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A Good War Spoiled
In Dissent, Number One Hundred and Thirty-Two
by Brian S. Wise
12 September 2003

A brief overview of current difficulties in, and concerning, Iraq.


Here is Chris Matthews interviewing Senator Mark Dayton (D-MN) on Hardball Tuesday: “[You] can look at a map of the world and see where Iraq is, Senator. And any Senator who voted for this war must have known it was going to cost a lot of money, and lives, to convince an Arab country, which has been radical, to move to the center, to move to a more moderate stance. Where is the surprise here? Doesn’t anybody study history up there?”  In other words, Anyone over the age of 16 with even a casual knowledge of the Middle East knew Iraq was an ideological basket case and a difficult prospect for reconstruction; what did anyone in opposition to the war think was going to happen once Hussein was removed?  That the same people who walked through Baghdad streets in mid-April cutting their heads and bleeding from head to toe in display of religious fervor were going to come right out for moderate self-government?  Or anything moderate?

But those in dissent get all the attention, because whatever is positive is not as interesting as car bombings (or cement truck bombings).  To stay with the British parlance, it is better for the opposition to sex up the terrorist resistance because it gives the illusion of an Iraq completely out of control, as opposed to an Iraq where steady progress is being made, “steady progress” apparently being the problem.  We are the United States, after all – whatever cannot be prepared and delivered with the equivalent of fast food efficiency loses not only our passion but our interest.  By and large, America is not frustrated because its soldiers are being targeted and killed; the people understand soldiers are going to die when they fight wars and occupy the enemy’s land.  It is frustrated because the story just will not go away.  No one understands how difficult the task of Iraqi reconstruction will be, just that they are tired of hearing “Iraq” and “$87 billion” every day.

The administration’s problem is common perception.  What people see is a president who, nine months ago, tiptoed through the United Nations in order to keep up appearances, but who had decided to go about things on his own schedule, never mind the UN.  Fast forward to last Sunday and the president’s address to the nation.  No matter the actual intent “all along,” the perception is that when things started to get hairy, the international community was suddenly very relevant.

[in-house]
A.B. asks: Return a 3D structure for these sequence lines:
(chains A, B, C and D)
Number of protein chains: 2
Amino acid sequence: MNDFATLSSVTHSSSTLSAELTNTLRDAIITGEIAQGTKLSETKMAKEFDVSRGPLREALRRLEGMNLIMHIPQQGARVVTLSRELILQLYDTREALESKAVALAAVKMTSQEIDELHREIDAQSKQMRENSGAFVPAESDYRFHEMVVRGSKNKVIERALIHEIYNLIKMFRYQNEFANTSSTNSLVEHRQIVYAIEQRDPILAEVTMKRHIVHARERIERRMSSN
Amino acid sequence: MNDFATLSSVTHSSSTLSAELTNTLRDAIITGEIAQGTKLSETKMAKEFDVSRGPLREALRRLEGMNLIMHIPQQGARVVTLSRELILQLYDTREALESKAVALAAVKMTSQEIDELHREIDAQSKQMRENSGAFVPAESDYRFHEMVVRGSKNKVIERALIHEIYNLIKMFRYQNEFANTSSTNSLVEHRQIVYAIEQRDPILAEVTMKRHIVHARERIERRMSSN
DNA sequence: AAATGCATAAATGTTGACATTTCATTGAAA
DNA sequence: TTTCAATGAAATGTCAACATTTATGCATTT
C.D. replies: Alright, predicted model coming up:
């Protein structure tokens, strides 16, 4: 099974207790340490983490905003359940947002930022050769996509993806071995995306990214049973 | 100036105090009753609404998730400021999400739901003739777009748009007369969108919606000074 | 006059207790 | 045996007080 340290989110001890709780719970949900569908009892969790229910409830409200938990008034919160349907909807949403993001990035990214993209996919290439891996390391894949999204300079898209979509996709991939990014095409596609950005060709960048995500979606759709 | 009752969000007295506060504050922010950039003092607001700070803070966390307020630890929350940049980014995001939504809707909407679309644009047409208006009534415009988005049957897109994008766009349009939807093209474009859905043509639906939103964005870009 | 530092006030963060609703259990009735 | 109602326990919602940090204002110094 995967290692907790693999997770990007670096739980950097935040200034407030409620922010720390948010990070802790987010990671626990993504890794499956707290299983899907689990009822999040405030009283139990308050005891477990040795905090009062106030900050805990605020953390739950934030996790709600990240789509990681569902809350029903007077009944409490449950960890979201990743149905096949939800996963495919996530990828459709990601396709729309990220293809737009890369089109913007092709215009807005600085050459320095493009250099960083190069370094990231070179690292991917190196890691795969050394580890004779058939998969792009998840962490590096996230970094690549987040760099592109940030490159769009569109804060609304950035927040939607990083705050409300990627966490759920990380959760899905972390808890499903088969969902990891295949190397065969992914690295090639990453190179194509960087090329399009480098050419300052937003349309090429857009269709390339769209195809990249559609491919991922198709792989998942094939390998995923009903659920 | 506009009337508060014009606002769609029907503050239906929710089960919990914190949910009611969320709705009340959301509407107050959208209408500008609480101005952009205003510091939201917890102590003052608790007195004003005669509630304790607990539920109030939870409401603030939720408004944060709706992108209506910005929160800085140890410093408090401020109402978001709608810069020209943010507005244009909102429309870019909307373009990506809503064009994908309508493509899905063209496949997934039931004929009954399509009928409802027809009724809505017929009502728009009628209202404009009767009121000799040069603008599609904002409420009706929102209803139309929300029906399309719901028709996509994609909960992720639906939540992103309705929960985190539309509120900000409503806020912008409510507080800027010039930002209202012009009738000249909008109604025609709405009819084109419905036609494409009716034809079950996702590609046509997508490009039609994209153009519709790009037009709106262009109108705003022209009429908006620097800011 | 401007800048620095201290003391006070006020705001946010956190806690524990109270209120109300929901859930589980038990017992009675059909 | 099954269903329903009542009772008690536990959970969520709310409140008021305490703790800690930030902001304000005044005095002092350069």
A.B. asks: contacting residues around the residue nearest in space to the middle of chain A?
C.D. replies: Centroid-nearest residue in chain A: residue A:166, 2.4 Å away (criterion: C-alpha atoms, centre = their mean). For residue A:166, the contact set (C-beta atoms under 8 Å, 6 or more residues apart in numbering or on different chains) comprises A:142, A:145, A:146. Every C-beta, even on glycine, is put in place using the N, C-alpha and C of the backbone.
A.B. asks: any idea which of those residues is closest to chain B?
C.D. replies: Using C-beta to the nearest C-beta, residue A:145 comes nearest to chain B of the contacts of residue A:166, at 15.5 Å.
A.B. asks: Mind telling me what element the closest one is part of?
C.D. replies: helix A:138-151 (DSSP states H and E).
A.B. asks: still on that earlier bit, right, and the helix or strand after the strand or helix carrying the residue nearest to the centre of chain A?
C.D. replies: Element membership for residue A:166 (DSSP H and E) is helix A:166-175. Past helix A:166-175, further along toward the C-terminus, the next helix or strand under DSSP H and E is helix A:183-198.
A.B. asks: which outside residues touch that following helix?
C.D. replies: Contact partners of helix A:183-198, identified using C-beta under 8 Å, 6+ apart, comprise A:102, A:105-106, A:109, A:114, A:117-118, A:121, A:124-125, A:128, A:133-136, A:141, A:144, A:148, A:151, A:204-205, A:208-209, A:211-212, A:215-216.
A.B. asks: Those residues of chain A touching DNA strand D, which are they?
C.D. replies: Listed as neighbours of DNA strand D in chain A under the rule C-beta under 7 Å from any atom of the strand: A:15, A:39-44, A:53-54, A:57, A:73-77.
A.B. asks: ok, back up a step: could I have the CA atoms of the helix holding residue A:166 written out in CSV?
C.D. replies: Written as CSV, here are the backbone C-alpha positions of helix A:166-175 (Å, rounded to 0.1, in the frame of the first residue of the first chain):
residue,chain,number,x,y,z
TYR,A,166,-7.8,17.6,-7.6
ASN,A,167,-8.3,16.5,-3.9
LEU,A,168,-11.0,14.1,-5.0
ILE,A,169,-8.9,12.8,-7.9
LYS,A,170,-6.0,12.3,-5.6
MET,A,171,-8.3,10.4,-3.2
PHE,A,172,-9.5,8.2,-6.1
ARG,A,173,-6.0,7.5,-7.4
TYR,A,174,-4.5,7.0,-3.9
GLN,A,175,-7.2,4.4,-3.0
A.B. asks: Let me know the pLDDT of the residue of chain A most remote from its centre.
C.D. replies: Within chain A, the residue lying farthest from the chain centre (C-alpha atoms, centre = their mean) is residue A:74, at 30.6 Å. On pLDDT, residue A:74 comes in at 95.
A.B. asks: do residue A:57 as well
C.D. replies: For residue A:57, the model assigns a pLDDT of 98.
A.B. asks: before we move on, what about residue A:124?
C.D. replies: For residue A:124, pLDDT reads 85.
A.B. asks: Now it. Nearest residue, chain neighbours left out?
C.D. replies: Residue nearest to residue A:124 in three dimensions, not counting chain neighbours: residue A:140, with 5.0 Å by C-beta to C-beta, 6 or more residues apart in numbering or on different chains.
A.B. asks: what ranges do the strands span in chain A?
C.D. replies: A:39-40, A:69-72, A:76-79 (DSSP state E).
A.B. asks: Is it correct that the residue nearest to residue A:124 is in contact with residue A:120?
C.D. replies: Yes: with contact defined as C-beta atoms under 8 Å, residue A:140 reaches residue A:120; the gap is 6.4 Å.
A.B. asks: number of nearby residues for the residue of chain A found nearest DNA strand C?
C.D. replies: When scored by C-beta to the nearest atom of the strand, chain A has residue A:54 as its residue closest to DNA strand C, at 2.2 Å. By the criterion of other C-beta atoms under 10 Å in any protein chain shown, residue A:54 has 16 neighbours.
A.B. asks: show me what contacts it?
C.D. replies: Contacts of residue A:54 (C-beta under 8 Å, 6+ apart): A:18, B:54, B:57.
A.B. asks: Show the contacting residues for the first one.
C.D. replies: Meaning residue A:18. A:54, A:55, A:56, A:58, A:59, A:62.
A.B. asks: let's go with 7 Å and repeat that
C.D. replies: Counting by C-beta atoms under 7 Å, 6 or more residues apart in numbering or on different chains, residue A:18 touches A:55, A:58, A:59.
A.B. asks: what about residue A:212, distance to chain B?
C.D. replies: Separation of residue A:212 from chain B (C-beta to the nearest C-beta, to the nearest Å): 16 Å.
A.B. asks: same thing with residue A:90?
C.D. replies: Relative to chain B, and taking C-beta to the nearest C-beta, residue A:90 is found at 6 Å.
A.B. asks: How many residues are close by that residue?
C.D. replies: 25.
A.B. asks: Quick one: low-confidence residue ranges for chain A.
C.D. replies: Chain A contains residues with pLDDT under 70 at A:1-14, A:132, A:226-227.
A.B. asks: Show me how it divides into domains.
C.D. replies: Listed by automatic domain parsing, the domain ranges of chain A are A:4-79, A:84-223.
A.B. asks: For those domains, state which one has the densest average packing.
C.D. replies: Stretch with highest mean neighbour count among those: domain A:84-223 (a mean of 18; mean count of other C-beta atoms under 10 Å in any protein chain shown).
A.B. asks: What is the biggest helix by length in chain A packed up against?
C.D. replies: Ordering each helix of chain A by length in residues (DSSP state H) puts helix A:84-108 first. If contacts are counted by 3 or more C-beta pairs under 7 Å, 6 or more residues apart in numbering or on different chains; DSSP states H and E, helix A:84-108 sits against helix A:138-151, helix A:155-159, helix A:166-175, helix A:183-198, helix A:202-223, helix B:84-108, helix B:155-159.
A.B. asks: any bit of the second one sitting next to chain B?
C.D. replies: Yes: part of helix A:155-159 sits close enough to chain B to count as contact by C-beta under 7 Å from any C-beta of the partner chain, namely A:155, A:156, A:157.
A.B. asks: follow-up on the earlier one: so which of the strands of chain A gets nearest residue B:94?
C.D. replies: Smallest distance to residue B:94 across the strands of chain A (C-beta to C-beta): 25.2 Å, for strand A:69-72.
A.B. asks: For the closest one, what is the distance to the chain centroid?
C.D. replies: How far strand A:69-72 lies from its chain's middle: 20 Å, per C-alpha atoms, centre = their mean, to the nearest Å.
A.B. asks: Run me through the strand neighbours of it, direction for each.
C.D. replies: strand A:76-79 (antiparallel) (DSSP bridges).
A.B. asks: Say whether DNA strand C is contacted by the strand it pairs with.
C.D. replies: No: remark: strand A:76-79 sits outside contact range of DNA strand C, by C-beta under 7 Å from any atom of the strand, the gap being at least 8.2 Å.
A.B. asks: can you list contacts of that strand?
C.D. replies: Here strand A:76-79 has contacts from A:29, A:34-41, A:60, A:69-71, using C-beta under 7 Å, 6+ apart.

Well, they are not even all that relevant now.  The idea of asking outside concerns to stick their noses in Iraqi reconstruction is flawed only because of who we are asking to help: Russia cannot handle a theatre full of its own people being taken hostage without killing 130 in the process.  France is so damned unorganized it cannot properly handle a heat wave, to the tune of 15,000 dead over the course of the summer.  Germany is … well, they are Germany, and something about them suggests they are genetically incapable of taking the right side on something that matters.  Still, if the question is whether to surrender to the United Nations – an anti-American and anti-Semitic organization with so little interest in a properly functioning world it put a Hussein-controlled Iraq in charge of its disarmament efforts – control of the reconstruction in the name of saving some money and some soldiers, you will forgive me for saying I would rather forego the lives and the cost if it means not having to bomb Baghdad again in 10 years (or less).

The president’s $87 billion request is bothersome, though, in the sense that we are being asked to donate to Iraq a tremendous amount of resources we are not only not asking be returned, but that we are not offering to our own country.  For example, $5 billion of the proposed $87 billion would go toward strengthening the borders around Iraq, to make sure no more terrorists make their way in, which in theory will reduce the incidents of terrorist attacks.  Fine, but where is the $5 billion earmarked for strengthening the Mexican and Canadian borders, over which we let countless potential terrorists, murderers and thieves cross, unabated, every year?

President Bush will get his $87 billion, because Congress is the town pump; “no” is not anywhere in its vocabulary.  But now is not an unreasonable time to wonder how much will be repaid by the new Iraq, lest we be confused with the International Monetary Fund.

Brian Wise is the lead columnist for IntellectualConservative.com.

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